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A-League too honest for match-fixing

Following the recent match-fixing scandal uncovered in Europe, a former Australian player caught up in another scandal has said the A-League is too honest to be involved in such controversy. Abbas Saad, the former Socceroos striker who was convicted whilst playing in the Malaysian league in 1995, is confident that match-fixing would never find its way into the Australian game.

''It's about the culture of the players and the referees," Saad, now a TV reporter in Singapore, said.

"I've been around Asian football for almost 20 years, and the one thing they always say up here about Australians is that they're honest, they've got integrity. And anyone who follows the A-League knows how hard it is to predict results. Every week I get four out of five wrong. There's no pattern at all.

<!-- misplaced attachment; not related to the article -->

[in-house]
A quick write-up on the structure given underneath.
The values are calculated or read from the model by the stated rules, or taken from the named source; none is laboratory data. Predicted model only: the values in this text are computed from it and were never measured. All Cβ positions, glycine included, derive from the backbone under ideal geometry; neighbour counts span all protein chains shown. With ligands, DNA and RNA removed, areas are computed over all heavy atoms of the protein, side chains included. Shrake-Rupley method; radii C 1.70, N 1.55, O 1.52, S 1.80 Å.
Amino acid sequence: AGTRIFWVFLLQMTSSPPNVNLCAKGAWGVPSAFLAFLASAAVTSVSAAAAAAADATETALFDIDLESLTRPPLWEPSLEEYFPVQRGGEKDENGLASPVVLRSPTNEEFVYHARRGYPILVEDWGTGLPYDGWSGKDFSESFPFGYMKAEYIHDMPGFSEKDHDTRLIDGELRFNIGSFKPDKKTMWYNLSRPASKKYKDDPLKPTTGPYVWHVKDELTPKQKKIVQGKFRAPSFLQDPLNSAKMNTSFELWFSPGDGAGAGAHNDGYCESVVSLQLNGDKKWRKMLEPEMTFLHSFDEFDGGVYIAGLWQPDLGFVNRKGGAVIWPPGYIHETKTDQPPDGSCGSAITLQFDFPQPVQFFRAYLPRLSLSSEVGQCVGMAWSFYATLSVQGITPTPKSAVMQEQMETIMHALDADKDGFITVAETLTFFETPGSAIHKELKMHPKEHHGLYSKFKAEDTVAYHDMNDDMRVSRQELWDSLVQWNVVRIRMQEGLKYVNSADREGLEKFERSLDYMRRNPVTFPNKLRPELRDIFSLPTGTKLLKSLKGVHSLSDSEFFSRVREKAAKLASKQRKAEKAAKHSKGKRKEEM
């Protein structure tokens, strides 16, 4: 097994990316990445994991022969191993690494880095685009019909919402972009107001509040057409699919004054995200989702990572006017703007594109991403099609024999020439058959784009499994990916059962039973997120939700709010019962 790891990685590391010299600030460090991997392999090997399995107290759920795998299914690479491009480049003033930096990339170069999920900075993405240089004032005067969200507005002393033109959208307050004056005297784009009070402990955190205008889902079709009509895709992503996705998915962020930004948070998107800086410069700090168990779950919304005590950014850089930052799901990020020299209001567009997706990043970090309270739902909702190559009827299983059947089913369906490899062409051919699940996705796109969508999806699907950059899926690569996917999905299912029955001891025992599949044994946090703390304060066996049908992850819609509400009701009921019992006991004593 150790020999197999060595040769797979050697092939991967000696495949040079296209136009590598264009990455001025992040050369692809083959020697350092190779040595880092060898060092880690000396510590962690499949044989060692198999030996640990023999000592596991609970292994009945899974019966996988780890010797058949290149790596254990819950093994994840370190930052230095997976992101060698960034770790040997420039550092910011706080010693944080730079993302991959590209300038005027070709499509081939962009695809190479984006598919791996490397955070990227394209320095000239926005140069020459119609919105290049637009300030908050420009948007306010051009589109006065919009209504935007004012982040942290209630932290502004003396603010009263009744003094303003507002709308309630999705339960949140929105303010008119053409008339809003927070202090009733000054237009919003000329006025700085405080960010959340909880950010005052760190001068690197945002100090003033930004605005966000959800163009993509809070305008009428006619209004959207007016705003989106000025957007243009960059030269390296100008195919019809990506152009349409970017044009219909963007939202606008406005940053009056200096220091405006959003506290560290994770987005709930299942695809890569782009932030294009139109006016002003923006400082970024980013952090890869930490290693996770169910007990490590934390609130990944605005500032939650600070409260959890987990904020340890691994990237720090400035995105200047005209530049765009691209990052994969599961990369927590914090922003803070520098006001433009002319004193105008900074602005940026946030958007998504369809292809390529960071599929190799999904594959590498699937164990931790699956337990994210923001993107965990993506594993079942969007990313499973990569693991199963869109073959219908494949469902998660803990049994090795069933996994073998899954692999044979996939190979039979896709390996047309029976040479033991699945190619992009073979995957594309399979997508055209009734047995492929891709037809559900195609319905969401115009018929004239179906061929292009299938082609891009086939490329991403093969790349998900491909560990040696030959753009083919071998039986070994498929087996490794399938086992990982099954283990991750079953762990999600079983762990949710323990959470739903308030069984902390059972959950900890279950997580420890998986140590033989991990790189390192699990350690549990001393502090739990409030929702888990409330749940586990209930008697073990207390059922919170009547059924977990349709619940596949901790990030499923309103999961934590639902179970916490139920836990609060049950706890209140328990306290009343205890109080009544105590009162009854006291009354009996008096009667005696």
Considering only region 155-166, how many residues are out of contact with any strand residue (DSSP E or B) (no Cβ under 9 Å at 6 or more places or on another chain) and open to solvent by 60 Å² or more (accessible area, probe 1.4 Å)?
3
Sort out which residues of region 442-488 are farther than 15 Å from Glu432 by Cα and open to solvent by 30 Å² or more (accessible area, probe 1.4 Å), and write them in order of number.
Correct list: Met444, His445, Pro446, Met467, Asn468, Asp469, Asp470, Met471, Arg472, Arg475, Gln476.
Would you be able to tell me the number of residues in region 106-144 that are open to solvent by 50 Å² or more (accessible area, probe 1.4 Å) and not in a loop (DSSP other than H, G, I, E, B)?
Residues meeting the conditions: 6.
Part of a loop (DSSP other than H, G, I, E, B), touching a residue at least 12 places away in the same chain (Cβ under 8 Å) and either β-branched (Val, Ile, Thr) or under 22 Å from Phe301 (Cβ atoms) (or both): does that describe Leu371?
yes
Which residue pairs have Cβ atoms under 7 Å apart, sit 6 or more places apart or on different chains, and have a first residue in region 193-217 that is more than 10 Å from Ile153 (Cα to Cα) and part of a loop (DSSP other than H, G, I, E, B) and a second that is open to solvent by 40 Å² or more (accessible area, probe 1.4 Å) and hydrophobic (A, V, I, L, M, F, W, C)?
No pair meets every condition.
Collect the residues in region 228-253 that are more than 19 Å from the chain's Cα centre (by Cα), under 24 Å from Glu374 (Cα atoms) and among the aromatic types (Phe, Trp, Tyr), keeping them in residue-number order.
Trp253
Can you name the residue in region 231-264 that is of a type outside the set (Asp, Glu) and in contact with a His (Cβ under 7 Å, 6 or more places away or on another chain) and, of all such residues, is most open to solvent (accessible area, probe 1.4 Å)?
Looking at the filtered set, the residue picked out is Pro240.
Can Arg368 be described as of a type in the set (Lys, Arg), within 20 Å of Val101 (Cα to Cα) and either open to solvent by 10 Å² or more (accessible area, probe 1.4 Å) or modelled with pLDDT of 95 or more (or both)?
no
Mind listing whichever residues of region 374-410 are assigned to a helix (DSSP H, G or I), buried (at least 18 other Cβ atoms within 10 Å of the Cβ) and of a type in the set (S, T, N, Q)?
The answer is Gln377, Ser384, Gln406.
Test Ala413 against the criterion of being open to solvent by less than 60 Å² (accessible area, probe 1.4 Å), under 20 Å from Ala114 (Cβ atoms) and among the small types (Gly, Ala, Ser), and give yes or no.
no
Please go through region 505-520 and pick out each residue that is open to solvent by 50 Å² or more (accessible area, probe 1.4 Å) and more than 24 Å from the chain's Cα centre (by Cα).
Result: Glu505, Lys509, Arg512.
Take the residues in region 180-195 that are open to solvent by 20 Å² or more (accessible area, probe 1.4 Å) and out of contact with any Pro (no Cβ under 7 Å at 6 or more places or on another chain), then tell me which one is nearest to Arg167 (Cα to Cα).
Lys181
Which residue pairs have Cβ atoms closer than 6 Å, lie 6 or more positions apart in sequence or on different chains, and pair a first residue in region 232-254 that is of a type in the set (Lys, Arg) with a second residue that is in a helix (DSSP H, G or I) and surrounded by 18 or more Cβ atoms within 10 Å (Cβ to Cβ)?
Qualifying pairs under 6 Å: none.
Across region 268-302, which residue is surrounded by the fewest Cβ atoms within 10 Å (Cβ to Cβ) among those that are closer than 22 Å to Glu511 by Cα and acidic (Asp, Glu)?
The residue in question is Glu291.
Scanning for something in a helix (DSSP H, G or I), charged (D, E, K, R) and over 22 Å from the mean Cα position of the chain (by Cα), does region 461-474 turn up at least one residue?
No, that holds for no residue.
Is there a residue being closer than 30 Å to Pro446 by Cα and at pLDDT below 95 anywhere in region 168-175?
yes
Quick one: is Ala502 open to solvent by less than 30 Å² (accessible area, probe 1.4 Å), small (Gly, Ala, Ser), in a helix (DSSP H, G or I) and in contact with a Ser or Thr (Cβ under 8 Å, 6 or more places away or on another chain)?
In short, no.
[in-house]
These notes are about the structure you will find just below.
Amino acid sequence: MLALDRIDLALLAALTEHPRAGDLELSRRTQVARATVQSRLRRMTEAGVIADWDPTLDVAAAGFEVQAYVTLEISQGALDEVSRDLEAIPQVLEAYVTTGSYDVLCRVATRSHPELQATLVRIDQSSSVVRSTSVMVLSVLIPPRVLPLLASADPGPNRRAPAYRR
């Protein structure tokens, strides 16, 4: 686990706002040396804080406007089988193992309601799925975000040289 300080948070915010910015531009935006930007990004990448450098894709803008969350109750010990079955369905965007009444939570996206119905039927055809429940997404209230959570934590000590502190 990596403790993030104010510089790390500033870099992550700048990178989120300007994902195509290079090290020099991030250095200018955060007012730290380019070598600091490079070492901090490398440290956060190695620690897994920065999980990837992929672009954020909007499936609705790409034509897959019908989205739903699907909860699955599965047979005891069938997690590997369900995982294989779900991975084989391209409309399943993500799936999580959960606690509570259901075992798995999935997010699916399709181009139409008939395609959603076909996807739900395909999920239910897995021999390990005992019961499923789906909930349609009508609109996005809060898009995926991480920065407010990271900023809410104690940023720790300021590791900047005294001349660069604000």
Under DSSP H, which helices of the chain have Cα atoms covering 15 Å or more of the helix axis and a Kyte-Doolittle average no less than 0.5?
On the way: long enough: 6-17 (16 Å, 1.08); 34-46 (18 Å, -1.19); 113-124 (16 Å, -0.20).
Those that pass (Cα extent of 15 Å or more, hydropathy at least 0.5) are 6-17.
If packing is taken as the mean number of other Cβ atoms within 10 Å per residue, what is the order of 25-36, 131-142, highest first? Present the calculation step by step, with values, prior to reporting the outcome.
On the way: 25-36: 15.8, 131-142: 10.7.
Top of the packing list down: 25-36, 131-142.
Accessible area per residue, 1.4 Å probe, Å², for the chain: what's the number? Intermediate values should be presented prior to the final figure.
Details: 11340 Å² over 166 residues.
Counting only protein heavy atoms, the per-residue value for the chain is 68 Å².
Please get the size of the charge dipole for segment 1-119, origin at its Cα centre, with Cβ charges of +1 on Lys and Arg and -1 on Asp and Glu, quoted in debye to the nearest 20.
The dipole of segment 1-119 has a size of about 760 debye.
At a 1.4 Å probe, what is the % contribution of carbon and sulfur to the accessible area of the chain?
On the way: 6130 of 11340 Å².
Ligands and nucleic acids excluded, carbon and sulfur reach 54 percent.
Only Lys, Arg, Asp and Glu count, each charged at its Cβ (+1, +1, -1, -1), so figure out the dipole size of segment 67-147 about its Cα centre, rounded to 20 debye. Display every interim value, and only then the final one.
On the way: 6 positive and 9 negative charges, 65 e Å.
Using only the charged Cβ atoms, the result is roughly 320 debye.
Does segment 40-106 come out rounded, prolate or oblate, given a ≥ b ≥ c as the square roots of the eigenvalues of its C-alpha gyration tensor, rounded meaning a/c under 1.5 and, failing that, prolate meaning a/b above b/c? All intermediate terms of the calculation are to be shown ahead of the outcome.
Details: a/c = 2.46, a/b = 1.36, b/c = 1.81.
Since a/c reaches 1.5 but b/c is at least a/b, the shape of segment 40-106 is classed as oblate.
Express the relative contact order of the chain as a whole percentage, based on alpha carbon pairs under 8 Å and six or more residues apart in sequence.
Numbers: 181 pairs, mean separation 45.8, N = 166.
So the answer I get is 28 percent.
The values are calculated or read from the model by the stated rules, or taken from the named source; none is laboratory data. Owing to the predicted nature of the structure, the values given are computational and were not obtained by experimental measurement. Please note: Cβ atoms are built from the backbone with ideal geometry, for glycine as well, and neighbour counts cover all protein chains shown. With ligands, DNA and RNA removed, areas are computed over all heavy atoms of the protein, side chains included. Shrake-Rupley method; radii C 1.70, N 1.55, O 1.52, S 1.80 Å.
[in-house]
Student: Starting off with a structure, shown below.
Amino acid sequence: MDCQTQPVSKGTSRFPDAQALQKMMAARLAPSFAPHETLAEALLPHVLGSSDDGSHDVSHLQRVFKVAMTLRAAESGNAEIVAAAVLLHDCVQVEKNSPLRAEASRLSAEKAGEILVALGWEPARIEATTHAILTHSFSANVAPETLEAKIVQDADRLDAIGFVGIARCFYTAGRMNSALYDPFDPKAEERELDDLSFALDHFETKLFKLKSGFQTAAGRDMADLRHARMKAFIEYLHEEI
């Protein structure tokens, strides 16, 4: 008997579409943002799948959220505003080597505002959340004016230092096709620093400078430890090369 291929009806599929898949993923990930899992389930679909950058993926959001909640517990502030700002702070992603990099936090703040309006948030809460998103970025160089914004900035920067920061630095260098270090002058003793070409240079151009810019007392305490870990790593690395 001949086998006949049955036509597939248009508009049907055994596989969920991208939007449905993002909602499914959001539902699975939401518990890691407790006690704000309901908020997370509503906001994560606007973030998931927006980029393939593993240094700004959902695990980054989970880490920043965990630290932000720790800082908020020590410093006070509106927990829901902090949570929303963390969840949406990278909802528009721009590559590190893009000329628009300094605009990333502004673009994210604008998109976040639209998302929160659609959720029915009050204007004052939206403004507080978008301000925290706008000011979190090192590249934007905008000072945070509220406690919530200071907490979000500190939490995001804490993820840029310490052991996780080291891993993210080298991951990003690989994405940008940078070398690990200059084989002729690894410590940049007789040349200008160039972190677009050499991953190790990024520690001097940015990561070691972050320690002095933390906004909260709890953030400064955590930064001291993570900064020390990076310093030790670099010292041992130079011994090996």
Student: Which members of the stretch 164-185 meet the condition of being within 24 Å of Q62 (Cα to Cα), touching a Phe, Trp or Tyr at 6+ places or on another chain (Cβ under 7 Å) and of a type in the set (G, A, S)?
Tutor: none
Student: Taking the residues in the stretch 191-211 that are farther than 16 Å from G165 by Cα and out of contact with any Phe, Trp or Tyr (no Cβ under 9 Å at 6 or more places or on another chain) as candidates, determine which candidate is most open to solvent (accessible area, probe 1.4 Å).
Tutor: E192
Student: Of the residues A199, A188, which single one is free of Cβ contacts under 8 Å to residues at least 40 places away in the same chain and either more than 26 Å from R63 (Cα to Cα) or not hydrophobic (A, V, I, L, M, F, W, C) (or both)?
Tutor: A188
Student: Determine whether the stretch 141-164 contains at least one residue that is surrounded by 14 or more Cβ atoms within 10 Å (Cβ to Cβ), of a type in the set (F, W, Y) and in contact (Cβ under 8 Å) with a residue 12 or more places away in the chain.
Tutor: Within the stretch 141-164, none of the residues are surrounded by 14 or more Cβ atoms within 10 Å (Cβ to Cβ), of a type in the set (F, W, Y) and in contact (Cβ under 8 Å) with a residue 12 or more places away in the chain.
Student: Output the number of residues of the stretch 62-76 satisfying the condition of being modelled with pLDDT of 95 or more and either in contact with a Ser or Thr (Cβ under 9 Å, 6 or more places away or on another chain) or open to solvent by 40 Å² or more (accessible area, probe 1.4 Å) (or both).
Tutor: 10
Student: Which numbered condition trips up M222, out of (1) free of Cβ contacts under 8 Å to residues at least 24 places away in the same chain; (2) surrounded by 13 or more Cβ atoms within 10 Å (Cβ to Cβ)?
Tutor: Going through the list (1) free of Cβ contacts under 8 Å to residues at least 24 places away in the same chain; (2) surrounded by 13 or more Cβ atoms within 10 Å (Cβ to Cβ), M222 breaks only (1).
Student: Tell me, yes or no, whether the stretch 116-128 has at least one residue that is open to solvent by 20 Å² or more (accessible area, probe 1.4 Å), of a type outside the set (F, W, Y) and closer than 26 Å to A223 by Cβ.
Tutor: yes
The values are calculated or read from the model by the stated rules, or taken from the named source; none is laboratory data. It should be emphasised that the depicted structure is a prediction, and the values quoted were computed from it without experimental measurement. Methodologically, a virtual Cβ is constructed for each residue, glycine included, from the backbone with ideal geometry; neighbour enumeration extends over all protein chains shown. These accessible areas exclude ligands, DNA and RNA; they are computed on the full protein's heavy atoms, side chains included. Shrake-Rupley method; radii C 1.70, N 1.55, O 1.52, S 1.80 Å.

''To be honest, I don't think these blokes would be interested in Australia; the market is too small. They're looking for the big markets, which is why they look to Europe. The only thing that could be an issue is that Australia is now part of Asia, so the AFC games might be a target. Who's to say?''

A-League boss Archie Fraser is also confident that betting scandals will never enter the game in Australia due to a strict code of conduct that has been put in place.

''We have a range of initiatives in place to act as an early warning system for any signs of match-fixing and gambling among players and officials,'' he said.

''I'm confident it's not happening. There is a strict code of conduct banning players and officials engaging on any form of gambling or match fixing, and there are strict penalties for that sort of behaviour.''

Andrew Slevison
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Andrew Slevison

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